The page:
Policing for Tomorrow is an ongoing exploration of policing and how it might change in light of recent protests and demands. Today's show features more stakeholders in the balance between law enforcement and communities of color.
Today's guests include Lt. Brian Bixler of the Mental Evaluation Unit for the LAPD and Lt. John Gannon from the LA County Sheriff's Department Mental Evaluation Team, Davion Pilgrim a 16-year-old who has recently been racially profiled and accused of gang affiliation, and Senior Lead Officer Deon Joseph of LAPD's Central Division who helped change the culture of skid row by building a better relationship between officers and the homeless.
Policing for Tomorrow is a production of KFI News and is hosted by KFI News Correspondent Steve Gregory and produced by Steve Gregory and Jacob Gonzalez.
Here's a list of the guests on the show today:
Lt. Brian Bixler of the LAPD Mental Evaluation Unit and Lt. John Gannon of the LA County Sheriff's Mental Evaluation Team
The Mental Evaluation Unit is a team that has been in the LAPD for over four decades that assists patrol officers with mental-health related calls. It is one of the first and largest law enforcement-mental health co-response operations in the nation with more than 160 personnel working for the unit.
The LA County Sheriff's Department Mental Evaluation Team's goal is to reduce violent incidents and unnecessary incarcerations of citizens with severe mental illnesses. An MET team includes a deputy sheriff and a DMH licensed mental health clinician. They provide mental health support and psychiatric assistance during situations with citizens who are mentally ill.
In their conversation with Steve, Lieutenants Bixler and Gannon discuss the evolution of mental health responses, how officers respond to various calls including stalkers in the Hollywood area, and what a typical day looks like for them.
Check it out below:
Davion Pilgrim is a 16-year-old resident from Inglewood. He was a featured speaker during one of LA Mayor Eric Garcetti's press briefings during the protests in June. He talks about recently being racially profiled and has been accused of gang affiliation by police officers. He says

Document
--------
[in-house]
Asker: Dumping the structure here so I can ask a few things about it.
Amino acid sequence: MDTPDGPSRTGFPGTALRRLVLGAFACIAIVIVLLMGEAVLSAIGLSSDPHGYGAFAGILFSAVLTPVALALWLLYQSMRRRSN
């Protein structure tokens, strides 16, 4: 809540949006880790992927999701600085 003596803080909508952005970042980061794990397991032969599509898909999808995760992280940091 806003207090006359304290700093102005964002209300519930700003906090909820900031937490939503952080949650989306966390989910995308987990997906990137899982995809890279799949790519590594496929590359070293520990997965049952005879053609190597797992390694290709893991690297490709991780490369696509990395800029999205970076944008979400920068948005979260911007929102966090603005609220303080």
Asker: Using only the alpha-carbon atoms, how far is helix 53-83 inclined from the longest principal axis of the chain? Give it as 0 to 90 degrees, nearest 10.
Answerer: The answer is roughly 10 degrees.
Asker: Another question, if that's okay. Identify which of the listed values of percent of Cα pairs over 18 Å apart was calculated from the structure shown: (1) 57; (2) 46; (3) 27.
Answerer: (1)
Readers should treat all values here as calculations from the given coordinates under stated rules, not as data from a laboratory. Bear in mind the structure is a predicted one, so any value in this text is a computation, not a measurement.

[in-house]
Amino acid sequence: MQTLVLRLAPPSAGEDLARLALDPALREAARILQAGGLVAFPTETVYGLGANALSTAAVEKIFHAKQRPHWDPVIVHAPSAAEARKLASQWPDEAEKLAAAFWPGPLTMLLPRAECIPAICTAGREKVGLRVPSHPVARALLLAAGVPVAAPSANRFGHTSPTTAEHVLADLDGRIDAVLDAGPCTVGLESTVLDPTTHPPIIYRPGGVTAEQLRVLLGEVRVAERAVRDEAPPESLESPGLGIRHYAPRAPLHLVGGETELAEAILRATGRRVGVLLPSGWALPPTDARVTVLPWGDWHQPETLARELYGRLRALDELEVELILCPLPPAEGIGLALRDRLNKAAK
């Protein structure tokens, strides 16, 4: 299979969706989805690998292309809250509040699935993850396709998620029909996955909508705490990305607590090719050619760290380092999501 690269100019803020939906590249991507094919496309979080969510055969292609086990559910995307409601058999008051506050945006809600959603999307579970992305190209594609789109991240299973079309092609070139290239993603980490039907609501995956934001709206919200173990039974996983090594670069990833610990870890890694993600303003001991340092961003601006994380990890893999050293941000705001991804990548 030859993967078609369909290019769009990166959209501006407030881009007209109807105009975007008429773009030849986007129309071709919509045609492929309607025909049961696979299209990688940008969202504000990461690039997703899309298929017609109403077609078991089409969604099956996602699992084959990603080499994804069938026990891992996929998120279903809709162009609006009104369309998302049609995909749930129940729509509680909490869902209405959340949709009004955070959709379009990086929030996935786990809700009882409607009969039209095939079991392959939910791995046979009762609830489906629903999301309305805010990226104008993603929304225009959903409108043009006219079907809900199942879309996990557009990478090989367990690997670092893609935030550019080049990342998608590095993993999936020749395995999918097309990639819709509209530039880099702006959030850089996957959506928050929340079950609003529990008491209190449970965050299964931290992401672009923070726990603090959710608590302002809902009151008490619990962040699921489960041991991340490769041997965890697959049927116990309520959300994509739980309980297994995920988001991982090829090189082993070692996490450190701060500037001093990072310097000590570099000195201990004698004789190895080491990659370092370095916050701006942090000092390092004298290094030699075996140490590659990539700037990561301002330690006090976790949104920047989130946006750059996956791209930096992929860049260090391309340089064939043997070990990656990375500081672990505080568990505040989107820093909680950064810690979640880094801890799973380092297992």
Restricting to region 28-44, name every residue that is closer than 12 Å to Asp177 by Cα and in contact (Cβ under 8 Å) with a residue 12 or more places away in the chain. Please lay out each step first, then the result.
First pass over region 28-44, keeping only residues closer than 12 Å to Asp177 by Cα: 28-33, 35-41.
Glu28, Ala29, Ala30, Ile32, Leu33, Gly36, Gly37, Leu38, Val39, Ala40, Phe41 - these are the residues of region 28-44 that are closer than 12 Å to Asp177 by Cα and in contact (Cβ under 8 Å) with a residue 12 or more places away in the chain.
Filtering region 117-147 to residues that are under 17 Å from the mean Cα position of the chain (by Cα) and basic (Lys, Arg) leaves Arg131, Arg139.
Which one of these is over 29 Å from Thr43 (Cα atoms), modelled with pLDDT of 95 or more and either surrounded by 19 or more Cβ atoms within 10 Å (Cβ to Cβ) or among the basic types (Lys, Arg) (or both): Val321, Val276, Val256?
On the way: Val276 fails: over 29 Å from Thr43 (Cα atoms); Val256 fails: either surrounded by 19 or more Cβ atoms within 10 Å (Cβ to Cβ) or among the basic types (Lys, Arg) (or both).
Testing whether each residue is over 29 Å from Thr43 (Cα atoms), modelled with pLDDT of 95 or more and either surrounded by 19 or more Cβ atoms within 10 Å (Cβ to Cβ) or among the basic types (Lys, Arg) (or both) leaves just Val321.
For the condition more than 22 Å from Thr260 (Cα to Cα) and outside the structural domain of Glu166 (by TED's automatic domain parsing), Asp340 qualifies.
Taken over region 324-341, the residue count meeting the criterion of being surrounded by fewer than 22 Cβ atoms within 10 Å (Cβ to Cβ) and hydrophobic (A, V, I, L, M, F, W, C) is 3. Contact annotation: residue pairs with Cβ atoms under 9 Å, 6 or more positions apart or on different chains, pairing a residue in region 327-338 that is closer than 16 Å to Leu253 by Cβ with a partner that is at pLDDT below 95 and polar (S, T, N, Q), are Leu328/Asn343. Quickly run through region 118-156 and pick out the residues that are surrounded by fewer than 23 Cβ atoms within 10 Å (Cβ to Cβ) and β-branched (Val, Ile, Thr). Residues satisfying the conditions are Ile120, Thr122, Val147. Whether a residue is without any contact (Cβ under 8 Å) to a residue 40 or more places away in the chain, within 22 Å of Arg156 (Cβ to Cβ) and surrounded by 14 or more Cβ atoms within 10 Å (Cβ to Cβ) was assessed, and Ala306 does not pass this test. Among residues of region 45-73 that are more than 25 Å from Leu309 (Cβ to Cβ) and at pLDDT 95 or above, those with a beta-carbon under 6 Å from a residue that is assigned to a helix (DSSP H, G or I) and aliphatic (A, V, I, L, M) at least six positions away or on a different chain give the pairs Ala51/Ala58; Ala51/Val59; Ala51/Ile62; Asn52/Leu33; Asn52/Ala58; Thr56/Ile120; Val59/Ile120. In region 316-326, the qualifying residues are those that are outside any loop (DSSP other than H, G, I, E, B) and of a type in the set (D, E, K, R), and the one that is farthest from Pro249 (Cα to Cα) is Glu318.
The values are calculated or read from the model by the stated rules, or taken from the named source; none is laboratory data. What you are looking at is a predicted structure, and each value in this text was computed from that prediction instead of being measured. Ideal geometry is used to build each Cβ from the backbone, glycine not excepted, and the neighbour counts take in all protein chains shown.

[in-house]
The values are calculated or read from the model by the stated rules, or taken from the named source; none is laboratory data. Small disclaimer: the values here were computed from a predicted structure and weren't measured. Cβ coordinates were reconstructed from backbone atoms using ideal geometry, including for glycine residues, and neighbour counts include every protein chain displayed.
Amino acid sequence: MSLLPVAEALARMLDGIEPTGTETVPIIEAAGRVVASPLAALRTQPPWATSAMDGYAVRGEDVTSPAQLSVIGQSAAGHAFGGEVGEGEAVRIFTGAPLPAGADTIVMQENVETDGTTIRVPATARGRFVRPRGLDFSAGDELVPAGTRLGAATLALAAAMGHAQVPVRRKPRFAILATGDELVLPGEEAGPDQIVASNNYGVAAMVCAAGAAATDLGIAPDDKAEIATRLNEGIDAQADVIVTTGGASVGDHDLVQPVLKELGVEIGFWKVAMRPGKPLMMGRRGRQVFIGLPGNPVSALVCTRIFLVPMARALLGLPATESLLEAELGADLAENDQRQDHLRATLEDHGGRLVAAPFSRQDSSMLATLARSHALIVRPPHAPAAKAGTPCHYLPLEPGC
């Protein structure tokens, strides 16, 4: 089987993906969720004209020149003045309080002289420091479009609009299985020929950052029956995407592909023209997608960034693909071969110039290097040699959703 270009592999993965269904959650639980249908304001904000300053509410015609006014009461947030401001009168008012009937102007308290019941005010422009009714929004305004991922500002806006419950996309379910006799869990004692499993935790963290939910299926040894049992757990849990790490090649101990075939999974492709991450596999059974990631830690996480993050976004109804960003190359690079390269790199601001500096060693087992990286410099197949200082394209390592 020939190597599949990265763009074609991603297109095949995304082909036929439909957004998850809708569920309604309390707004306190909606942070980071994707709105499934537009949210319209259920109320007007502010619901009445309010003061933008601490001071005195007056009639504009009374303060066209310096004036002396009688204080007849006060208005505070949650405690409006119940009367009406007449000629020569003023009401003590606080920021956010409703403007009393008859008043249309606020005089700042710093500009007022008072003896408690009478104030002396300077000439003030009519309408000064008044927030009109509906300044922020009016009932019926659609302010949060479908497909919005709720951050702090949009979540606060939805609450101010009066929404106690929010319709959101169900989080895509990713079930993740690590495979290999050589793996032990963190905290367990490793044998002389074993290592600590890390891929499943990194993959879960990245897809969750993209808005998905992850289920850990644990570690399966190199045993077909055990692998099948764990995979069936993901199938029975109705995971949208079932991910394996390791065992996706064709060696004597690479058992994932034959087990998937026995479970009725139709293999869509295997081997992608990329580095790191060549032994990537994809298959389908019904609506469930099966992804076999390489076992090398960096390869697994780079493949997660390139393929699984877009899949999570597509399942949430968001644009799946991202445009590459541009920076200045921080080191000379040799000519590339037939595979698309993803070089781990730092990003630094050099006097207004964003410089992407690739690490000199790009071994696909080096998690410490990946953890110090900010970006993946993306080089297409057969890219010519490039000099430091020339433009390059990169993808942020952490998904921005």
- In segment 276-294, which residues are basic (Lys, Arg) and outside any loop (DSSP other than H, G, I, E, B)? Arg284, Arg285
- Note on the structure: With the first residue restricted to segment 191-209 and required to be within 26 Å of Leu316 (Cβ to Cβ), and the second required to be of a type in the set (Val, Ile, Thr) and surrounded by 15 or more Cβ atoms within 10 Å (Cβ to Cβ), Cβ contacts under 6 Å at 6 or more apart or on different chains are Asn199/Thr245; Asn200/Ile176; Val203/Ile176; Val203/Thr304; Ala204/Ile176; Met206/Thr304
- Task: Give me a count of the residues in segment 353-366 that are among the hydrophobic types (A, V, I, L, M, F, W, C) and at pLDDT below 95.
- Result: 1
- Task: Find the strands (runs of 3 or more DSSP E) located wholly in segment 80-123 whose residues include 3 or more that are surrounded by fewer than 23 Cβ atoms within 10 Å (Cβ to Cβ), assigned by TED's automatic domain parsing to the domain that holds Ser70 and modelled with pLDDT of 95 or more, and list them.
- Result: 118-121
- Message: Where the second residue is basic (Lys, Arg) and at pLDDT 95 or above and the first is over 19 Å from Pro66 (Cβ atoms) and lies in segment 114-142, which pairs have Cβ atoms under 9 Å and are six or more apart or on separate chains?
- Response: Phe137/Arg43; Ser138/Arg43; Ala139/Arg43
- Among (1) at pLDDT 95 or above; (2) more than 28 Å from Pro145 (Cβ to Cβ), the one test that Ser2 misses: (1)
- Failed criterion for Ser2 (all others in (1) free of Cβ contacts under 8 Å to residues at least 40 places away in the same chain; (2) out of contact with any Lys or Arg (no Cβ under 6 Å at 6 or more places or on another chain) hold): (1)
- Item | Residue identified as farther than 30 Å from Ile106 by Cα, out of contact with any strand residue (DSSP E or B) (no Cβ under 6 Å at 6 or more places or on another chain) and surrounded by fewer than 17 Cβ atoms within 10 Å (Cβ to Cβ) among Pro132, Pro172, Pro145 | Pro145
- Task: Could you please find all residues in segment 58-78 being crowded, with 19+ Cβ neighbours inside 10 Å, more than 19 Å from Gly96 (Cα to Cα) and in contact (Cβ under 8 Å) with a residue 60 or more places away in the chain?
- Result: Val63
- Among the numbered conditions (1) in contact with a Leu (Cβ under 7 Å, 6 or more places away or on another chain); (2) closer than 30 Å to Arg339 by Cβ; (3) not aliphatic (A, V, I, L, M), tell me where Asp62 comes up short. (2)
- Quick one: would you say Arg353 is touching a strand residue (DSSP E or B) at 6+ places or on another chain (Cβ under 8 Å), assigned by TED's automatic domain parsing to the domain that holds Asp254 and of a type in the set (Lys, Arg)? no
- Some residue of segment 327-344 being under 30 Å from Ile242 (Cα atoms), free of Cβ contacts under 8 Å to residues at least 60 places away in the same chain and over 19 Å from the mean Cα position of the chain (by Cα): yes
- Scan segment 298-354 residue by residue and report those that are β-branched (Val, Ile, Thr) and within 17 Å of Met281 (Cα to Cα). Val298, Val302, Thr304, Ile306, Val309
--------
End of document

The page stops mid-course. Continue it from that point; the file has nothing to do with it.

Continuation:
"Losing our lives to police officers is one of our biggest fears that we have in South LA."
"This is a hard time, but the good news is there is still time for unity. While I think we should keep protesting and demanding change, there's no need to loot."
In his conversation with Steve, he talks about what it has been like growing up around gangs in his neighborhood, his first interaction with police officers, and how there should be more accountability within the police department.
Listen to the conversation below:
Senior Lead Officer Deon Joseph of LAPD's Central Division - Skid Row
For the past 10 years, Officer Joseph has helped to build a relationship between the homeless and police officers in LA's skid row by using a grassroots approach as opposed to a handcuff approach to policing. In 2006 he helped build the "Just Like U" mentor program that offers mentors to children in poverty. These mentors have become successful despite the fact that they started out in poverty similar to the children in the program.
In 2008, Joseph created "Ladies Night" that teaches women that no matter their race or socioeconomic status they have the right to report instances of domestic and sexual abuse.
Over 8 years, Joseph has helped housing programs house over 100 homeless people and lead them to a better life.
In his conversation with Steve, Joseph talks about his experiences with the homeless and his time working on skid row.
Check out the conversation below: